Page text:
(Note: I can’t figure out how to take a screenie without the annoying “take a screenshot” dialog showing…)

It’s quite amazing. Note the “pre-bounce” where a disconnect happens 225ms before the switching starts. In fairness, I couldn’t reliably reproduce that, but it does happen occasionally. Thar main transition looks suspicious though:

SCR02

That’s semi-horrid. The 0V contact opening is pretty clean. It then takes about 9ms for the + contact to start closing. It bounces all over the place, and even after the main bounce has stopped, it still takes 4ms for the voltage to stabilise. I guess connecting only 0V and a pullup would work much better. And here’s the bounces in detail:

SCR03

Horrible, but par for the course. You can see it’s not settling cleanly on the contact in between the bounces. And here’s a different one for comparison (RTFM n00b, the fine manual says how to sake screenies properly):

SCR05

This is bad in a rich and interesting variety of different ways. Like the vast majority of traces, there’s no awful pre-bounce. However, the disconnect is unclean and takes 10ms before it starts to rise properly. After the bouncing nominally finishes, it still takes a whopping 100ms to really settle.

Amazing!

Here’s some samples to fill you with horror as well as a couple of fairly standard ones. Some of them have a longer timebase to show a 200ms settling time.

Some of them have some really weird behaviour as they open. I haven’t figured why and the speed at which I actuate the switch doesn’t seem to affect things much. The same can’t be said for releasing the switch. The slower you release it, the gungier it is. See the enormous 100ms timebase:

yuck yuck yuck 😦 Faster actuation (and the actual bouncing) looks much as you’d expect:

SCR04

though, the time between the break and make is rather shorter.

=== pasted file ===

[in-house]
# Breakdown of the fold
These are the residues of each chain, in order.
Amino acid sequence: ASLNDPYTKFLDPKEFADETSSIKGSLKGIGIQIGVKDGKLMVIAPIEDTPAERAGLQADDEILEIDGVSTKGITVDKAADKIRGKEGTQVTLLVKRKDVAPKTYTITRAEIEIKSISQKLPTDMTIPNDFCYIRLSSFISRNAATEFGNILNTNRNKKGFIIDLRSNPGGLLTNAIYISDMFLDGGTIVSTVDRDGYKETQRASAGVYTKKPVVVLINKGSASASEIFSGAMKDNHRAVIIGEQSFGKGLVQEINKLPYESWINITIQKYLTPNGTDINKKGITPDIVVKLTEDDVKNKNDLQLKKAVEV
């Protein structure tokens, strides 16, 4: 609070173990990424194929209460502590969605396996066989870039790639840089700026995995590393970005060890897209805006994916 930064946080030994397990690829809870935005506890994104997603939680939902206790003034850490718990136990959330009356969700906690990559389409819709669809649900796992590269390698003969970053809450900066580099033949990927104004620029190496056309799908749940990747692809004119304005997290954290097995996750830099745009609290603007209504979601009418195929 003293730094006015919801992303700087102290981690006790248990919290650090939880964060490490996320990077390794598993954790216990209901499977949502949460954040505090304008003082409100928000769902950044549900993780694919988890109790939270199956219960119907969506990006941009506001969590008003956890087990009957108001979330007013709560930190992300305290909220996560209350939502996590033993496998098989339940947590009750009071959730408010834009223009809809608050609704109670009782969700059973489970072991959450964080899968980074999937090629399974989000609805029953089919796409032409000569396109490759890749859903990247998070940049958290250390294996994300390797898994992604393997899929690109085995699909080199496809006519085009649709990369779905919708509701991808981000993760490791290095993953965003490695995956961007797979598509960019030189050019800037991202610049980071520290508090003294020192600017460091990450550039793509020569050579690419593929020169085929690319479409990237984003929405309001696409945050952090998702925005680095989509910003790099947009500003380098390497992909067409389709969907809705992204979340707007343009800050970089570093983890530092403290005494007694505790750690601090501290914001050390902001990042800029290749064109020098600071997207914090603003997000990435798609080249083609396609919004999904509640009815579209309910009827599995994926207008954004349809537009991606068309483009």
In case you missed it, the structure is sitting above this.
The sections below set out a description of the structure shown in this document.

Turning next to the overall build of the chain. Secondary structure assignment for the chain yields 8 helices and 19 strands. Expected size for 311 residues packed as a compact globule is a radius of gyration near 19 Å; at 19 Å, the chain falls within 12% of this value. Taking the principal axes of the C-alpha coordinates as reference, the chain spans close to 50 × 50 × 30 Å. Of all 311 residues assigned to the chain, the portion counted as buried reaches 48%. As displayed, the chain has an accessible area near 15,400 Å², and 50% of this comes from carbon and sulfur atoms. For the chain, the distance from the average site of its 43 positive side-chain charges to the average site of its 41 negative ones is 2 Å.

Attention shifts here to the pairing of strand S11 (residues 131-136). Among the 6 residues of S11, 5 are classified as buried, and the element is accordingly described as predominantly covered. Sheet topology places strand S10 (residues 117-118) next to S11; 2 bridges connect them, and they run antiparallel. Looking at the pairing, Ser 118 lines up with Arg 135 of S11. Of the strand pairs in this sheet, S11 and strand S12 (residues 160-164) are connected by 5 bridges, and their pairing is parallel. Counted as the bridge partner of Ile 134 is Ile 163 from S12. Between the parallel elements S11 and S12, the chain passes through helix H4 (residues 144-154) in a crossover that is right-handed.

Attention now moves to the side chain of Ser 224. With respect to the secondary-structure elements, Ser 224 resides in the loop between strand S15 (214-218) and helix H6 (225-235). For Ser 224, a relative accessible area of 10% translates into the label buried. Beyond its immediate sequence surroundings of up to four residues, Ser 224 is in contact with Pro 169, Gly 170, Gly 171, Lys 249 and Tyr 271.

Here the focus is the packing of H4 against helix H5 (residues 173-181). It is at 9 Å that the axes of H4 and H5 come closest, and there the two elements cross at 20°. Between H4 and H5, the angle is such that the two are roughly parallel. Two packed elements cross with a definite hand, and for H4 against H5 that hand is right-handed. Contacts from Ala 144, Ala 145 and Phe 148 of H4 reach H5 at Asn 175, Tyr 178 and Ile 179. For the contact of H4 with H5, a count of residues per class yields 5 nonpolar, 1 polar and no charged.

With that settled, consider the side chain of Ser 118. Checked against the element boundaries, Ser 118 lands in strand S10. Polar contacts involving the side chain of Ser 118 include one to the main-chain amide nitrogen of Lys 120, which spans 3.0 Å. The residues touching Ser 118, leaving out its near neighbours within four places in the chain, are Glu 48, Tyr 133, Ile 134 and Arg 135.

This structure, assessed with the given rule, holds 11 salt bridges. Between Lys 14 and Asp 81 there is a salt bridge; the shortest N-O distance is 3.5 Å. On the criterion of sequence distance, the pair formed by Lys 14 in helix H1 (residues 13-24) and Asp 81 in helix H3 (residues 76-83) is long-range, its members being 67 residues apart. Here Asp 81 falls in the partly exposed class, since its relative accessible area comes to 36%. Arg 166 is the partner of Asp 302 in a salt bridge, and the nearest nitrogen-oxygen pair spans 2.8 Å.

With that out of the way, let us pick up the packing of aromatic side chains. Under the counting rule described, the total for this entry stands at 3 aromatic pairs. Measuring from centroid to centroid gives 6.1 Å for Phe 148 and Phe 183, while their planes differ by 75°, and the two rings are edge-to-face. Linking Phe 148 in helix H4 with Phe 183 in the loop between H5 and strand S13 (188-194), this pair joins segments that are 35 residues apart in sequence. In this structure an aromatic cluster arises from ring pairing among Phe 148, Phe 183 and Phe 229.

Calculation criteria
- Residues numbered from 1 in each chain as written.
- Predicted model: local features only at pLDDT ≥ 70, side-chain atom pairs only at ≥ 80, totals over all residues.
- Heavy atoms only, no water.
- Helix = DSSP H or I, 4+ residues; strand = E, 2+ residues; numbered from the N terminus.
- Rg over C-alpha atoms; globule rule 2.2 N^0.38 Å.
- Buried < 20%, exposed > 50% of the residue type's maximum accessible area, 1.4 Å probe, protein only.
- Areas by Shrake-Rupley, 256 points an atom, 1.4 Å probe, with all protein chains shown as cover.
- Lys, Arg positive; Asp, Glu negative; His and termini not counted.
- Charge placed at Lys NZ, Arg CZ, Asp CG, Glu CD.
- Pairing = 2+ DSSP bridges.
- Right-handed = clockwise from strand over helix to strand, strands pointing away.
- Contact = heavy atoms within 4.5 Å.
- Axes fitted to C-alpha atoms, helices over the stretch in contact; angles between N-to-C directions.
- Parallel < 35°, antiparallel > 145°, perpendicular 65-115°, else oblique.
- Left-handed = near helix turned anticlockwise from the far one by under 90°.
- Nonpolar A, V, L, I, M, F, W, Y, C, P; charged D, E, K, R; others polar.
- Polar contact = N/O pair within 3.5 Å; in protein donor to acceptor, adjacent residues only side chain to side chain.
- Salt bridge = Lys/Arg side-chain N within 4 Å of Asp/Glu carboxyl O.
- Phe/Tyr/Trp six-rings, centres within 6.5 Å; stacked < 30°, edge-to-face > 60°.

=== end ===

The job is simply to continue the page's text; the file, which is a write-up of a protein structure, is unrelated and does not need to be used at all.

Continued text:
Either way, the +V contact (the one connected by closing the switch) seems surprisingly much worse than the 0V one. We can of avoid that contact by connecting the switch as a single throw one with a pullup:

IMG_20170504_193440.jpg

And if I’m quick, I can manage to get an open and close on the screen with a 10ms timebase:

SCR05

The push still has some pre-bounce, but it’s nothing like as bad as from the other contact. For the switch being pushed, there is on bounce whatsoever; it’s astonishingly fast:

SCR06

for the release, there’s a bit of bouncing as expected.

Conclusion: don’t connect up switches in a silly way like I did!

Automatic dependencies for C++ in 3 very simple lines of make

I like Make. Make is best ponbuild tool. If you don’t know it already, it expresses dependencies as a DAG (directed acyclic graph), so a node lists it’s dependencies and has a rule about how to generate the file(s) from the dependencies. If a file is older than its dependencies, then it’s stale and needs to be rebuilt.

If the DAG is specified correctly, then if you change one source file, you’ll rebuild the minimum necessary with the maximum possible parallelism…